Beautiful wording by you, Mike . "He was the original rookie symposium." Thanks. Appreciate you and so many others writing to say they liked the speech.

THE NFL IS HYPOCRITICAL. "As Saints fans, the issue has never been whether the Saints did anything wrong; it has always been the hypocrisy of the punishments. With the rash of arrests this summer is more pressure on Goodell to serve harsher penalties than he has in the past? Vilma gets a whole year for hitting someone hard but legally and receiving $1,000 for his efforts. Comparatively, Dez Bryant should get at least two years for hitting (illegally) his own mother. This is Goodell's shot to show that he means business to maintain the image of the league and show that illegal activities by its members will not be tolerated. If he doesn't it's pretty apparent that these punishments were mostly linked to the pending concussion lawsuits rather than 'protecting the shield.' ''-- From Ray, of New Orleans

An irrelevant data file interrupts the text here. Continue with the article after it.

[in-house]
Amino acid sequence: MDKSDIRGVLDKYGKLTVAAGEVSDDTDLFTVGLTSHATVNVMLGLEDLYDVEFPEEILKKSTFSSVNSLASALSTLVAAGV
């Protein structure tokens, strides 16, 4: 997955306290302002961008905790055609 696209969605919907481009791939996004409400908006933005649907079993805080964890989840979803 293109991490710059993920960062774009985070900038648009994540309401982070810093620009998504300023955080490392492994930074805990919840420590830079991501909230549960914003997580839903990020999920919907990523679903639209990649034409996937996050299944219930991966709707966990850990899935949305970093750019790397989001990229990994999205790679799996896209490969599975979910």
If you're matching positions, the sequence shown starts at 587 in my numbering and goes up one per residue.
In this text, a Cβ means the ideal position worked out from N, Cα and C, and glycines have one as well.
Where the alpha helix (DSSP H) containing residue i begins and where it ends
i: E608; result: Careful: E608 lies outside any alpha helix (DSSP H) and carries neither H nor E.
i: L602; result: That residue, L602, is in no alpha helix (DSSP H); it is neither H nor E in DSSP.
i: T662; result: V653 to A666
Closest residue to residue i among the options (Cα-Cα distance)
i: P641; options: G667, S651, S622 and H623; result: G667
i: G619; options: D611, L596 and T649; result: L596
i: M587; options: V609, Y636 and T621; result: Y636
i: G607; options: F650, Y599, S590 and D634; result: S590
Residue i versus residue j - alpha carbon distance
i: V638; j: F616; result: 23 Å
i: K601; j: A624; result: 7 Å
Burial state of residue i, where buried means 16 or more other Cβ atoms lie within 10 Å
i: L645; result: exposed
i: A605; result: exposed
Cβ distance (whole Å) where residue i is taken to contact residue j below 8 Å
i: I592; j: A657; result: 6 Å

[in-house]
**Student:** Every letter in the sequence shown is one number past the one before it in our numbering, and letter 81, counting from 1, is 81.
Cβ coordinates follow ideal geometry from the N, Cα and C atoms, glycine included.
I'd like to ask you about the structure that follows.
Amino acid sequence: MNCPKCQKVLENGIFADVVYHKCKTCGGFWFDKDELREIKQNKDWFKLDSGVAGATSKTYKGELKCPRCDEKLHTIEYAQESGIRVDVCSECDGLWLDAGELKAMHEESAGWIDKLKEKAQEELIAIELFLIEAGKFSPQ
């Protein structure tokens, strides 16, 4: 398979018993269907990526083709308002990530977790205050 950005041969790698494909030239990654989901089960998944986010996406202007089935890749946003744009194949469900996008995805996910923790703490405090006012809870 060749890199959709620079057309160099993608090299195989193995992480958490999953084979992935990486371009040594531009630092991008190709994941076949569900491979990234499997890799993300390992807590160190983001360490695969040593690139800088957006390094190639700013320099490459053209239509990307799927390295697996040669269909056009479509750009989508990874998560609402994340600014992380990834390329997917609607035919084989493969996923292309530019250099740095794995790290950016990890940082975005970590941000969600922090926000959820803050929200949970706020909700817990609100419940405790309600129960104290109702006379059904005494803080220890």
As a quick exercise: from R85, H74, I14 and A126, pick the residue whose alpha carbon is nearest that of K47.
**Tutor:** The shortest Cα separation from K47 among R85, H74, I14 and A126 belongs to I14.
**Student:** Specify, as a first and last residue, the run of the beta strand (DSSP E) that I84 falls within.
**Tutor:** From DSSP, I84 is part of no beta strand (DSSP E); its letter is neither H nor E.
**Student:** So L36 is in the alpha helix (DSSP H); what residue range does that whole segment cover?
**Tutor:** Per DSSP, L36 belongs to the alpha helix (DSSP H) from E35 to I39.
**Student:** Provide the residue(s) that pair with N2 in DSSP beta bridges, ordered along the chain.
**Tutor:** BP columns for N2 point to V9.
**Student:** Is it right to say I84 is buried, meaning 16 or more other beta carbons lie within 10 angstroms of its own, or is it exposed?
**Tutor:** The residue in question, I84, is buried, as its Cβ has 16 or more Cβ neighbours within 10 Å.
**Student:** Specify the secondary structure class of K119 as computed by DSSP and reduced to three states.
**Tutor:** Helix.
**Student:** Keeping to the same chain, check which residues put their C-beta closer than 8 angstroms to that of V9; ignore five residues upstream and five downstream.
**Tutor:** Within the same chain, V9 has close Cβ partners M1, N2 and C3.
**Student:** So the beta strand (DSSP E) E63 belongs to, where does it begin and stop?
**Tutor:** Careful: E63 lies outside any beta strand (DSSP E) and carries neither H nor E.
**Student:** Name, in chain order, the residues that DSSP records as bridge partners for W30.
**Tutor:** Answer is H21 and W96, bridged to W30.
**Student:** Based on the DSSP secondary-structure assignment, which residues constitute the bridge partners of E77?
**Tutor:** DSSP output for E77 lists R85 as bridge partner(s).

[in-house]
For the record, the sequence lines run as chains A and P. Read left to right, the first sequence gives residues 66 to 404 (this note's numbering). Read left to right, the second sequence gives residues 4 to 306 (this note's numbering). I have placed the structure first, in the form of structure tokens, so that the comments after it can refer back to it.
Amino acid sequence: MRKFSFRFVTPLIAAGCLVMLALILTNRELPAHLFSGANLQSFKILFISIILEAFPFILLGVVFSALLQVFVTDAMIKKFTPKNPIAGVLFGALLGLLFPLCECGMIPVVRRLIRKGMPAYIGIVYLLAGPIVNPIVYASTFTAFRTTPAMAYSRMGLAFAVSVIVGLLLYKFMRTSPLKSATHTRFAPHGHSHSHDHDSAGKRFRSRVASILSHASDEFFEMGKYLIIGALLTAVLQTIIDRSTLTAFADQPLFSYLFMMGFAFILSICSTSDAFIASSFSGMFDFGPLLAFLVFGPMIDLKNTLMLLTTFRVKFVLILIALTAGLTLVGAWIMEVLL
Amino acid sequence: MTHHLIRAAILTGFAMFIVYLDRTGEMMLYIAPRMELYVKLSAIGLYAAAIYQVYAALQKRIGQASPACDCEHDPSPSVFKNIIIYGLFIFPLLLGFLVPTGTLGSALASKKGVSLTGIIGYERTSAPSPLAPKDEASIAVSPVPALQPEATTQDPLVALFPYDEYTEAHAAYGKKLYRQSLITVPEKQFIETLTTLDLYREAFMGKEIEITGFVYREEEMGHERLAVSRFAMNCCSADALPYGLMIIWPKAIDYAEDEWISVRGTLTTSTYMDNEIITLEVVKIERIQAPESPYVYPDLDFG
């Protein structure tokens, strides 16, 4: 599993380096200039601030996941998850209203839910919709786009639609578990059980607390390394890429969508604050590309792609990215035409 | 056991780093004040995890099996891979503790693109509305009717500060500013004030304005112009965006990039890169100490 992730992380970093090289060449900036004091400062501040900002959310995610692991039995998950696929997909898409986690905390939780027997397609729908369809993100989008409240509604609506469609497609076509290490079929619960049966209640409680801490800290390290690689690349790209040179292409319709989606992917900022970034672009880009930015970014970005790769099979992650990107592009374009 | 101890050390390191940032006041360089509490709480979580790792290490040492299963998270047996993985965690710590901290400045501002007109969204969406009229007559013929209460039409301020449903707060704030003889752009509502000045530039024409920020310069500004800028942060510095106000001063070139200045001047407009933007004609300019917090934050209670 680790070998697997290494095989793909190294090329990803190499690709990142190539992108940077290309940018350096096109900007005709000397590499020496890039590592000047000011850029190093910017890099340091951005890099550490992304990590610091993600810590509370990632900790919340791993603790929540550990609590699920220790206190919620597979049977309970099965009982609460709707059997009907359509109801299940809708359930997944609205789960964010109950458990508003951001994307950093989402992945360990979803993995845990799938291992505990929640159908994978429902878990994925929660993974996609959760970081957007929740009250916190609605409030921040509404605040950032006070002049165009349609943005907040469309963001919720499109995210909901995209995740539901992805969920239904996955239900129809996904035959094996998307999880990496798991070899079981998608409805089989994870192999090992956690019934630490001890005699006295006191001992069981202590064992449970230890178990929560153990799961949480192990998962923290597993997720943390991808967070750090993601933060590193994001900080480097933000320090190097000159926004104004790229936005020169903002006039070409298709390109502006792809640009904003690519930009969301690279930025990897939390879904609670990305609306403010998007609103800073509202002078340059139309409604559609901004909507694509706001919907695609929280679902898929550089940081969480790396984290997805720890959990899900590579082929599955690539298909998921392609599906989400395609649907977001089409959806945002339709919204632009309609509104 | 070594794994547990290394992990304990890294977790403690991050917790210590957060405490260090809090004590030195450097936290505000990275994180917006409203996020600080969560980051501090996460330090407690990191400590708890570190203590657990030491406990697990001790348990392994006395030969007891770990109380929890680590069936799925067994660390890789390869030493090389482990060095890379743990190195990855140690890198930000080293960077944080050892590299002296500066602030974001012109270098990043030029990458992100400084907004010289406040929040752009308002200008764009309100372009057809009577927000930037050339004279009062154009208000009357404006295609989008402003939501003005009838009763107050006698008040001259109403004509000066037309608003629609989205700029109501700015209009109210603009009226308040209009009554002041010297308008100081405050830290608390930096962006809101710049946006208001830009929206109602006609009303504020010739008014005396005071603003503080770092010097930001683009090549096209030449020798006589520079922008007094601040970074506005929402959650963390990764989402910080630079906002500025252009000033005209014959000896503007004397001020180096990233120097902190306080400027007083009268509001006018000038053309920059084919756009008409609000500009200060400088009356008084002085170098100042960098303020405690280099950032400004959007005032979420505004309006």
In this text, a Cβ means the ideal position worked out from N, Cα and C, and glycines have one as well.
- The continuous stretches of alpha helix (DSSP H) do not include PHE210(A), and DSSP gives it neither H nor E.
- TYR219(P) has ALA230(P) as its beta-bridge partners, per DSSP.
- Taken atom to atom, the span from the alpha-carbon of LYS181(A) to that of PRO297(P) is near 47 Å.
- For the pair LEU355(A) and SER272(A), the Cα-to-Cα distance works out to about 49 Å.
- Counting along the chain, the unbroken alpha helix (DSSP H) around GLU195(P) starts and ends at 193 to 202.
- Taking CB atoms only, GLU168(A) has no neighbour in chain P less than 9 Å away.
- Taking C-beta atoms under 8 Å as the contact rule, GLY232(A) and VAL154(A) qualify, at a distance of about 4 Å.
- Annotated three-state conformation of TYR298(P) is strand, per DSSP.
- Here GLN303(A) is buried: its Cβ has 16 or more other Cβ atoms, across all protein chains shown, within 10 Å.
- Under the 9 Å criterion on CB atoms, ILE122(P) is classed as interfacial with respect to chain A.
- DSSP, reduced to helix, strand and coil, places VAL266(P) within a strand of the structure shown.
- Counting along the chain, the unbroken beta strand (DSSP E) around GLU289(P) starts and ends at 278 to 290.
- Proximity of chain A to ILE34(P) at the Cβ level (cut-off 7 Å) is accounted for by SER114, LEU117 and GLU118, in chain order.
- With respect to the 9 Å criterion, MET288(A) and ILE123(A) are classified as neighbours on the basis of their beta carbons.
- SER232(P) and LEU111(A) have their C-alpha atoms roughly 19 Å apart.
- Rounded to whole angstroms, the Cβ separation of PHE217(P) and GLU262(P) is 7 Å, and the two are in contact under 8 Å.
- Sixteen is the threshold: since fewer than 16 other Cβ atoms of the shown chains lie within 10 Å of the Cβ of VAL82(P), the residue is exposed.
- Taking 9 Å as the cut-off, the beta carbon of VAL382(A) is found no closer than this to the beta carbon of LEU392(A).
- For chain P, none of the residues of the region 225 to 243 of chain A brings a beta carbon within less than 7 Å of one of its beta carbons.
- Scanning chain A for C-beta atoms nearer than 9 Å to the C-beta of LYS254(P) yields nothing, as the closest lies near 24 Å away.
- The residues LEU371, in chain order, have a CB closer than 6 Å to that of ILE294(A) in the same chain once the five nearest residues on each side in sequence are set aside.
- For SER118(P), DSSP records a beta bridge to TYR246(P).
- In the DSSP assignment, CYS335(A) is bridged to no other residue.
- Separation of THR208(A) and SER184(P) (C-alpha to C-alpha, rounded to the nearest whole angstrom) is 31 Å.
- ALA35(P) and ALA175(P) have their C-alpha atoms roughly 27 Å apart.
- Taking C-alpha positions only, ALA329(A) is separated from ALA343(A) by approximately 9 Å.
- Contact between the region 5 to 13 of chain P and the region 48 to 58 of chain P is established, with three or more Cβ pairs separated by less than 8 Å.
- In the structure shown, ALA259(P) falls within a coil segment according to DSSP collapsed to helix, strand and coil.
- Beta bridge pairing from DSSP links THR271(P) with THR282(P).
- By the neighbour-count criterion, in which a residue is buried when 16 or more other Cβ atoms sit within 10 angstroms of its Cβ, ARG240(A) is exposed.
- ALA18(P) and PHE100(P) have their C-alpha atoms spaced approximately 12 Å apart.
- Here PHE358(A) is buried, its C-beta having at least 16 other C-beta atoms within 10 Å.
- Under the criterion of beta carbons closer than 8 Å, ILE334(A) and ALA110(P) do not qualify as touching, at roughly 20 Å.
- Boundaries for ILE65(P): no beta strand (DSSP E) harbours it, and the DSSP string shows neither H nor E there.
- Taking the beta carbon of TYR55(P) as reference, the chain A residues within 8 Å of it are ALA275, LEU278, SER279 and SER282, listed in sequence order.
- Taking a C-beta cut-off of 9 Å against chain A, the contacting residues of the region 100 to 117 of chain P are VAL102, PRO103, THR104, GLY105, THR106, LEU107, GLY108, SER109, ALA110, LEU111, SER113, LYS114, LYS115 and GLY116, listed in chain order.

Goodell suspended Vilma for a year because he believes he offered teammates $10,000 to injure Kurt Warner and Brett Favre and knock them out of playoff games. If that's true, it's a little more serious than Dez Bryant getting into some altercation with his mother. But you're right: There's been a spate of bad incidents this offseason, and when they're adjudicated, Goodell will have to hand down sanctions to prove he's protecting the image of the league.